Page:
• Mark out your drills with a string line approx 750mm or 2.5 feet apart and make long mounds of seaweed along the drills.
  • Cut 3 sides of your sods to half a spade depth along the mound a bit like the keys of a piano leaving the edge closest to the seaweed uncut. Do this on both sides of the mound.
  • Fold the sod over the seaweed from both sides to create a long sandwich with the upturned sod grass side down on top of the seaweed.
  • Dig a further half spades depth from the trench to fill the gap left where the sods meet.
  • Make a holes in the top of the mound with a dibber and plant your seed potatoes 4-6 inches deep at a spacing of 11 inches apart for earlies and 13 inches apart for maincrop potatoes.

The seaweed sandwiched between the sods will provide a little bit of heat as it rots down which is helpful to get the plants off to a good start in early Spring. The grass above and below the provides nitrogen which will be broken down by the soil bacteria which are in turn fed by the seaweed, good eh?

I’m going to add a note of caution of my own here (even though I haven’t actually tried it yet): if your soil is a heavy clay I’m not sure if this will work so well as air may be cut off from the seaweed which will take longer to rot.

early morning frost on seaweed covered bedsSeaweed mulch
As I said my vegetable garden is all raised beds (it was very wet) so the lazy bed method can’t be applied. I’m keen to use seaweed here too though so my plan is to plant all my potatoes a little shallower than normal and use seaweed as a mulch to earth up instead of dragging soil up around the plants. I’ll do half and half on the beds and compare the yields and will let you know how I get on.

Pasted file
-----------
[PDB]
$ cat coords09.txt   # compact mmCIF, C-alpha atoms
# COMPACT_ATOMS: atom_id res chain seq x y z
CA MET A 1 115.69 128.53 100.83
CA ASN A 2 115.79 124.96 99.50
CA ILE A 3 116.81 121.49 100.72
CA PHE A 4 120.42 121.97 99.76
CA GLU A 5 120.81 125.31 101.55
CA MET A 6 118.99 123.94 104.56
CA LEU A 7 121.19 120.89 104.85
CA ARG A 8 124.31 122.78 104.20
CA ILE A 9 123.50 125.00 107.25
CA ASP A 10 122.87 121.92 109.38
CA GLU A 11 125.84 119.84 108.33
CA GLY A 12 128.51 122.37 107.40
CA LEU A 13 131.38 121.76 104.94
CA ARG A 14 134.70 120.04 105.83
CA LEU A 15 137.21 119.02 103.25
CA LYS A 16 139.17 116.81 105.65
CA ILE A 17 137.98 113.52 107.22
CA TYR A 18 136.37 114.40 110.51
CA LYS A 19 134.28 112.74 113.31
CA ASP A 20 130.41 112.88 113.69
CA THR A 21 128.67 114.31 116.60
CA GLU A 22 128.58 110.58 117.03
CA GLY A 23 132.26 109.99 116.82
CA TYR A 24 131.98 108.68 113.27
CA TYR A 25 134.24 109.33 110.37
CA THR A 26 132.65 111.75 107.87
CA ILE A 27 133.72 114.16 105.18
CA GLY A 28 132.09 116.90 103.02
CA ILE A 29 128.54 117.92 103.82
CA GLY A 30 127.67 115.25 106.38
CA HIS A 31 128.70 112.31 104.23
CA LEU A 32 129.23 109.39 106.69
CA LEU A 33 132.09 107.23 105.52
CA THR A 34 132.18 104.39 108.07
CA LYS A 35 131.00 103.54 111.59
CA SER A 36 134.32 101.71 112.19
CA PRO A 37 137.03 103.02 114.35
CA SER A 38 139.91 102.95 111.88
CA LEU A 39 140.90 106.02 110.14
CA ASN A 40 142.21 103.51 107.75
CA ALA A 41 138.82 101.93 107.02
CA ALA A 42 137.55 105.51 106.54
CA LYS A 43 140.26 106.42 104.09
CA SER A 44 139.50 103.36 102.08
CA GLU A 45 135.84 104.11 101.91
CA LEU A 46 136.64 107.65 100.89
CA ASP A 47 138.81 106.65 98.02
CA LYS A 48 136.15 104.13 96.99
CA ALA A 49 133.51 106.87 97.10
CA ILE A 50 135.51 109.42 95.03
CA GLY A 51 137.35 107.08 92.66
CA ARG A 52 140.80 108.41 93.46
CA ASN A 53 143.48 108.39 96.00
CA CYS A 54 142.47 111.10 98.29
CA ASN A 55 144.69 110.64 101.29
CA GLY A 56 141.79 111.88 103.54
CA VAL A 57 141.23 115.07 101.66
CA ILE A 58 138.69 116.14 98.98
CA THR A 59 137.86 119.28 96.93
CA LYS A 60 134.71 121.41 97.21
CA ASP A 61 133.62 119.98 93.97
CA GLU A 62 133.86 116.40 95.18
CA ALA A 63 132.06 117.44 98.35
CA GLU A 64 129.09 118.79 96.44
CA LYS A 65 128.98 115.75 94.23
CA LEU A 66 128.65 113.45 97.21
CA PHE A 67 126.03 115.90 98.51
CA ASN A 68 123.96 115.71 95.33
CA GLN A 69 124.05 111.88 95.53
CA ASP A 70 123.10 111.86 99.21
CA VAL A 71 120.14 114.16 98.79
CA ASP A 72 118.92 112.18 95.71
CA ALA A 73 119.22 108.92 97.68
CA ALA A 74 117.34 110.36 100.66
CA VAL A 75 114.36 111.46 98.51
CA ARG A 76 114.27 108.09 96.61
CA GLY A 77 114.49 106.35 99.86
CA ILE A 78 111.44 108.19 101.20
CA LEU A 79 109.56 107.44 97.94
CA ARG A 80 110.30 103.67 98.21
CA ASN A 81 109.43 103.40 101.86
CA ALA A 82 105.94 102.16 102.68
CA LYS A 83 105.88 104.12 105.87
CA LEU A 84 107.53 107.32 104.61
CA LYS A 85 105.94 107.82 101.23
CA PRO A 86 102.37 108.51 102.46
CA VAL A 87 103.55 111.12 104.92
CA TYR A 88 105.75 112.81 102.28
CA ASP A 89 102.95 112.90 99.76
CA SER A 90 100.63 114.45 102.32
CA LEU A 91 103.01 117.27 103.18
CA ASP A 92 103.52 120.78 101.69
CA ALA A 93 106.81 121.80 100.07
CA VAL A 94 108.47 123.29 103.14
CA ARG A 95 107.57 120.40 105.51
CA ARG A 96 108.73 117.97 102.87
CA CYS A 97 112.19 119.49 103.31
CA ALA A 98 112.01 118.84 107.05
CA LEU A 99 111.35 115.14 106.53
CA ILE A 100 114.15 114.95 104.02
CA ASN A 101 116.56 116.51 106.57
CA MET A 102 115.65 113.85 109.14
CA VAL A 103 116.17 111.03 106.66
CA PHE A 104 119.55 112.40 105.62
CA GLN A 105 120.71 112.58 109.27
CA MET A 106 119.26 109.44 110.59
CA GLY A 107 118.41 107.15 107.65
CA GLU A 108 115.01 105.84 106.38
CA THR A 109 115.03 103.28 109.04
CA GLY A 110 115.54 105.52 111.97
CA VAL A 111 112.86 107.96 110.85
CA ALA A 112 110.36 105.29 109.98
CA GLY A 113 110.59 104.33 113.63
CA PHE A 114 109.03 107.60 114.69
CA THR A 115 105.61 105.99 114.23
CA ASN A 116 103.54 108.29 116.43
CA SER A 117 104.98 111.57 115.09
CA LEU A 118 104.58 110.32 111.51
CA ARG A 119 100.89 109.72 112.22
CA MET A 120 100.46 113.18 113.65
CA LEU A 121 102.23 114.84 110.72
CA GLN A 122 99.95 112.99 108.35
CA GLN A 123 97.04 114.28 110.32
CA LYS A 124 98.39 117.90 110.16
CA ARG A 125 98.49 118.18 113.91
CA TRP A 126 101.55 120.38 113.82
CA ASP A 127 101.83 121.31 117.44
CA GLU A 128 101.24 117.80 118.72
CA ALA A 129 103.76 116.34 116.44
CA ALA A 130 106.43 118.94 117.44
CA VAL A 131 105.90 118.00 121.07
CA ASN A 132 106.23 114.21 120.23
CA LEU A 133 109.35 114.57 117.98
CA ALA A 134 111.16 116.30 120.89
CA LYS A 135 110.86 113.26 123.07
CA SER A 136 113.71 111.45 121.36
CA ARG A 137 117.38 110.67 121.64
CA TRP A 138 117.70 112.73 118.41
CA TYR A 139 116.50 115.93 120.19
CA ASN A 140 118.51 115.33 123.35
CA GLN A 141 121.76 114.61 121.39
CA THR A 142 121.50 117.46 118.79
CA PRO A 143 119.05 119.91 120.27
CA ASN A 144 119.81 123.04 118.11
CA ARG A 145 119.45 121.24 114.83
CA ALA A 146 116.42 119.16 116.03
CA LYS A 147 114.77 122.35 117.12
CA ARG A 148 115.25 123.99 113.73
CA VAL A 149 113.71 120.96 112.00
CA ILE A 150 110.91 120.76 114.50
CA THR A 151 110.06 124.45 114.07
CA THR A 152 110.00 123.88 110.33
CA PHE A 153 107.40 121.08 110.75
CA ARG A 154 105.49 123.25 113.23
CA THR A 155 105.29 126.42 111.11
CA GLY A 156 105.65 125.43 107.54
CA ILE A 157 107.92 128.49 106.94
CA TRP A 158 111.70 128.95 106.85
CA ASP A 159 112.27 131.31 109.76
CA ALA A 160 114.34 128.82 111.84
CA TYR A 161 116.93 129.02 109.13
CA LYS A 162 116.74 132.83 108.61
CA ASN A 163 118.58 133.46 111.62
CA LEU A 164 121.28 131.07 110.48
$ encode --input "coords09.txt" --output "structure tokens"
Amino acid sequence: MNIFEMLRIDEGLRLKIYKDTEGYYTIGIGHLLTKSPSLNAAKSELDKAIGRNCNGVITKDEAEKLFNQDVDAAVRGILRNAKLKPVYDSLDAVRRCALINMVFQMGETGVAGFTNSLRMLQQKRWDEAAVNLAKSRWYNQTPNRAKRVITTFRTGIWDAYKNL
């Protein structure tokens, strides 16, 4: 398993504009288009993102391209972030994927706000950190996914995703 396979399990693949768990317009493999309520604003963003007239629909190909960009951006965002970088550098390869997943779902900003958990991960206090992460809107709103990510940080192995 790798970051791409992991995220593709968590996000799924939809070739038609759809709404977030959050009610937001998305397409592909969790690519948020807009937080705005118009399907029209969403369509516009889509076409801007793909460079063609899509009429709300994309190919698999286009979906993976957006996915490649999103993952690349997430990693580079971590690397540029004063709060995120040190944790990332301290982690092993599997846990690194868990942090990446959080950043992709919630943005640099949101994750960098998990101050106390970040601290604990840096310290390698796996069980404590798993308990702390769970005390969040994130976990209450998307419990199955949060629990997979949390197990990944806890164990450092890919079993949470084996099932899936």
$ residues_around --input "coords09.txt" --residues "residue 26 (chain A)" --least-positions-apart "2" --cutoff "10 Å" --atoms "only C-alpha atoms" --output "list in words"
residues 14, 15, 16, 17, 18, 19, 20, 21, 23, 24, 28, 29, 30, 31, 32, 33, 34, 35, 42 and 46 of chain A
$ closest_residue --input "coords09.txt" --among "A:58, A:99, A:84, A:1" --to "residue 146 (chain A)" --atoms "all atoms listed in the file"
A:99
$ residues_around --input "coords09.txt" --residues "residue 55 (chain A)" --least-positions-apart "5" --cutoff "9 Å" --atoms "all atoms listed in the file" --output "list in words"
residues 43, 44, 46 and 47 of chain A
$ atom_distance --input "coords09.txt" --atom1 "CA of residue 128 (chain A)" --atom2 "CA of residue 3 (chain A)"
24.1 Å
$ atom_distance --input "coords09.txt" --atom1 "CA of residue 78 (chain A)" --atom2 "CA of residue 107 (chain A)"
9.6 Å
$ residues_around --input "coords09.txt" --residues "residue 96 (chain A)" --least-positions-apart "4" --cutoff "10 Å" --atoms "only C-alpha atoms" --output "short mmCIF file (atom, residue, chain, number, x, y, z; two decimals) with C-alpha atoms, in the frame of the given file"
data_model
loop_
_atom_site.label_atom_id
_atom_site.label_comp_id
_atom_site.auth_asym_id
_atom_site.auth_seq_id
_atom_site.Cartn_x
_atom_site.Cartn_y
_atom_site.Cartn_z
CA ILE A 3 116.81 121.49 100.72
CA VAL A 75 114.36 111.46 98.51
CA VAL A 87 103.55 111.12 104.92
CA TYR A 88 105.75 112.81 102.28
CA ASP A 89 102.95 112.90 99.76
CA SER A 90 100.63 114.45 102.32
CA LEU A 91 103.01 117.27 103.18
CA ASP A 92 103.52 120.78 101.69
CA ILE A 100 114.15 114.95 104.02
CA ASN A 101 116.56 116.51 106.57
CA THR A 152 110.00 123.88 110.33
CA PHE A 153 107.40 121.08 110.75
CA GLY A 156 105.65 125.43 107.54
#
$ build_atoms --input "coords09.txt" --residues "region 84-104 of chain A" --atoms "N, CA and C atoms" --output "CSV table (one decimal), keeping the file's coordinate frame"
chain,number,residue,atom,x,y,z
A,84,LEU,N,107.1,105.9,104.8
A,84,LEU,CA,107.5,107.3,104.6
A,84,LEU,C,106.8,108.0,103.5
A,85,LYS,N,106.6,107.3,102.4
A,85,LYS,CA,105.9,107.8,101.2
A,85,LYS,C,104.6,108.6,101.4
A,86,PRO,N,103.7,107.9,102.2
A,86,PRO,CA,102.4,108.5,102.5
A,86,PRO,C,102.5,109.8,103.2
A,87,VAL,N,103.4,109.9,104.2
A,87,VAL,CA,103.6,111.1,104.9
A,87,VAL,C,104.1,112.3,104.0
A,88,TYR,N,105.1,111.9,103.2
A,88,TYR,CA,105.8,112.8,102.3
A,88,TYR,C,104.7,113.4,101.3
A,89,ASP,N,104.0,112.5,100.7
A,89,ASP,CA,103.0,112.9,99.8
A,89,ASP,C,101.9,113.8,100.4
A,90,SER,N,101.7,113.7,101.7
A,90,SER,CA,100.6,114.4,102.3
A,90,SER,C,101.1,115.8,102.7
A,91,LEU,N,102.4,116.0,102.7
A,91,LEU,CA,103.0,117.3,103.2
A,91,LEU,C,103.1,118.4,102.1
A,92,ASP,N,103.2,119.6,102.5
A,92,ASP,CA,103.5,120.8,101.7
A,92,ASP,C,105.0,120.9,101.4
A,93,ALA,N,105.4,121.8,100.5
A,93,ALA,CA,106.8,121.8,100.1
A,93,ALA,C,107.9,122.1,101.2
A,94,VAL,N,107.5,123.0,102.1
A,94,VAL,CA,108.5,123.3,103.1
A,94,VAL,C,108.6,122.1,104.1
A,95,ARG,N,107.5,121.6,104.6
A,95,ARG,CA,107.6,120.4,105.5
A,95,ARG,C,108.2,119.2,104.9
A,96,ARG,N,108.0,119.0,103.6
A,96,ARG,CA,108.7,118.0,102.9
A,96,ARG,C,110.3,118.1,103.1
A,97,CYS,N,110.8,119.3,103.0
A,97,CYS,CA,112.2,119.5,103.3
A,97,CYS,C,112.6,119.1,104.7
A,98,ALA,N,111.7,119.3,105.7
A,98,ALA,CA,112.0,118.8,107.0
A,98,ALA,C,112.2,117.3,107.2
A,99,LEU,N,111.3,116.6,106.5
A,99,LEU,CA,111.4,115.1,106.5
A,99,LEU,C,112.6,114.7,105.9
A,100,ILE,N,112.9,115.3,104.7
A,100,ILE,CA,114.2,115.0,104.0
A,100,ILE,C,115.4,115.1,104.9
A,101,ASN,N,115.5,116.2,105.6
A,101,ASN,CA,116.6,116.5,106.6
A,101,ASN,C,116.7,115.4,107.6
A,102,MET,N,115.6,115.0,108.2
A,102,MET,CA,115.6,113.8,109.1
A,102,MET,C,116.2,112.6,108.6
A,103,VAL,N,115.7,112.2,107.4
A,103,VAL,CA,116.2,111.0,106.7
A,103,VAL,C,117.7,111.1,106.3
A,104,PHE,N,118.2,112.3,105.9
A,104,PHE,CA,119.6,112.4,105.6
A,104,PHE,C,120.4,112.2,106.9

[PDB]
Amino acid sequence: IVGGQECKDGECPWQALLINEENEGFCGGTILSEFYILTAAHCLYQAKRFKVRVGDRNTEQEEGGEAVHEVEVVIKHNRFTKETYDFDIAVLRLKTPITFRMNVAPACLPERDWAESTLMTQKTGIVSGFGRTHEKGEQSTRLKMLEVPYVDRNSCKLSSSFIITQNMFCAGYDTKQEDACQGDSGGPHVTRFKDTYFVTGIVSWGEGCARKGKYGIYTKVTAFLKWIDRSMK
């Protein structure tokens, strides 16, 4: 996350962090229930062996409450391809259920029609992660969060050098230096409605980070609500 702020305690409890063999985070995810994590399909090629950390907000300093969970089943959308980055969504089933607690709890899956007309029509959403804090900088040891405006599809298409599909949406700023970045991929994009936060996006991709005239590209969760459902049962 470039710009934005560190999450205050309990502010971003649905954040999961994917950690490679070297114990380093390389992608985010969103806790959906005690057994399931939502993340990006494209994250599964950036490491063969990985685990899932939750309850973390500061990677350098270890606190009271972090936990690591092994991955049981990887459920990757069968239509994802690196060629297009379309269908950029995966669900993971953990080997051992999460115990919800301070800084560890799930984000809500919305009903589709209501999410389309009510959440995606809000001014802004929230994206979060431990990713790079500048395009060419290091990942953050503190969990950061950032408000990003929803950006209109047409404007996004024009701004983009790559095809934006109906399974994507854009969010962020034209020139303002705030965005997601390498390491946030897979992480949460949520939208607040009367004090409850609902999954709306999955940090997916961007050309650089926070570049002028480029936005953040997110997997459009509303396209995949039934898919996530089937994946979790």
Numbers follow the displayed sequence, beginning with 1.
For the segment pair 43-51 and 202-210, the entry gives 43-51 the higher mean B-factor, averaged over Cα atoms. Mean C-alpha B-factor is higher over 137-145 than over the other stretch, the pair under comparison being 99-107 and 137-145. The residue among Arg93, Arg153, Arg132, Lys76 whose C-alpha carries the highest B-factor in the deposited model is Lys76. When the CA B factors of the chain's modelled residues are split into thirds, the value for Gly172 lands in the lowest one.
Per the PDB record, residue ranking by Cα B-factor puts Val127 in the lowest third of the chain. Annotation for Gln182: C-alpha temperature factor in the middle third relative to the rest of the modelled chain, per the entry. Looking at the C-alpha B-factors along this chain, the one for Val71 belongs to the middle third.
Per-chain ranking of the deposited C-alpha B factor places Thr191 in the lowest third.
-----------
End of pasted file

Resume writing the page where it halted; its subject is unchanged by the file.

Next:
I figure the seaweed on the surface will break down nicely over the Summer not only feeding the potatoes but also improving the soil for a quick follow on crop in the Autumn.

It’s free, you might as well use it.
I get a real kick out of using natural inputs to improve my soil, seaweed is plentiful around our Island, it’s free and has so many advantages it’s a real shame not to use it. You will build the most fabulous garden soil by adding seaweed every year without damaging the environment by adding artificial fertilisers just as Irish coastal farmers did for generations.

Remember to get it as quickly as possible after a storm for the most benefit and please don’t cut it from the rocks as you will get in trouble with the boys in blue.

 

 

Wooden raised garden pond shop

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3 Responses to Seaweed and Potatoes

  1. Very interesting. We have a new ‘helper’ in the garden who is 81. He has been regularly bringing up bags of seaweed over the winter and mulching the soil. My other helper who is a City boy at 80, disapproves strongly but I’ve told him to hang on until we see the results. Another helper who is a botanist, used to shred the seaweed before treating the soil at her father’s farm. This was for large crop areas.
    I’ll watch your results with interest – we’re also doing some potatoes in the polytunnel with seaweed to see what happens.
    As you say – it’s free ! We also use lots of poultry manure and leaf mould, also free . 😉

  2. Jane Powers says:

    Excellent blog post. I particularly like the illustrations of the lazy beds. I’ve seen them made several times, but never more expert than when Dermot Carey (mentioned above) demonstrated them for me. He pointed out how important it is not to break the “hinge” on the flap of turf, as when it is intact, the grass can’t creep out to recolonize the beds. Such a well thought-out method of cultivation!

  3. Mark Peyton says:

    Living on the south coast of Puerto Rico allows me to collect seaweed conveniently. I have found two types of seaweed that wash onto the shore. One variety is sea grass that is consumed by Manatees. The other is a seaweed that looks like pine needles. Both varieties make an excellent mulch and years later they have not completely decomposed. It creates an excellent moisture sealant and allows easier weeding and less watering.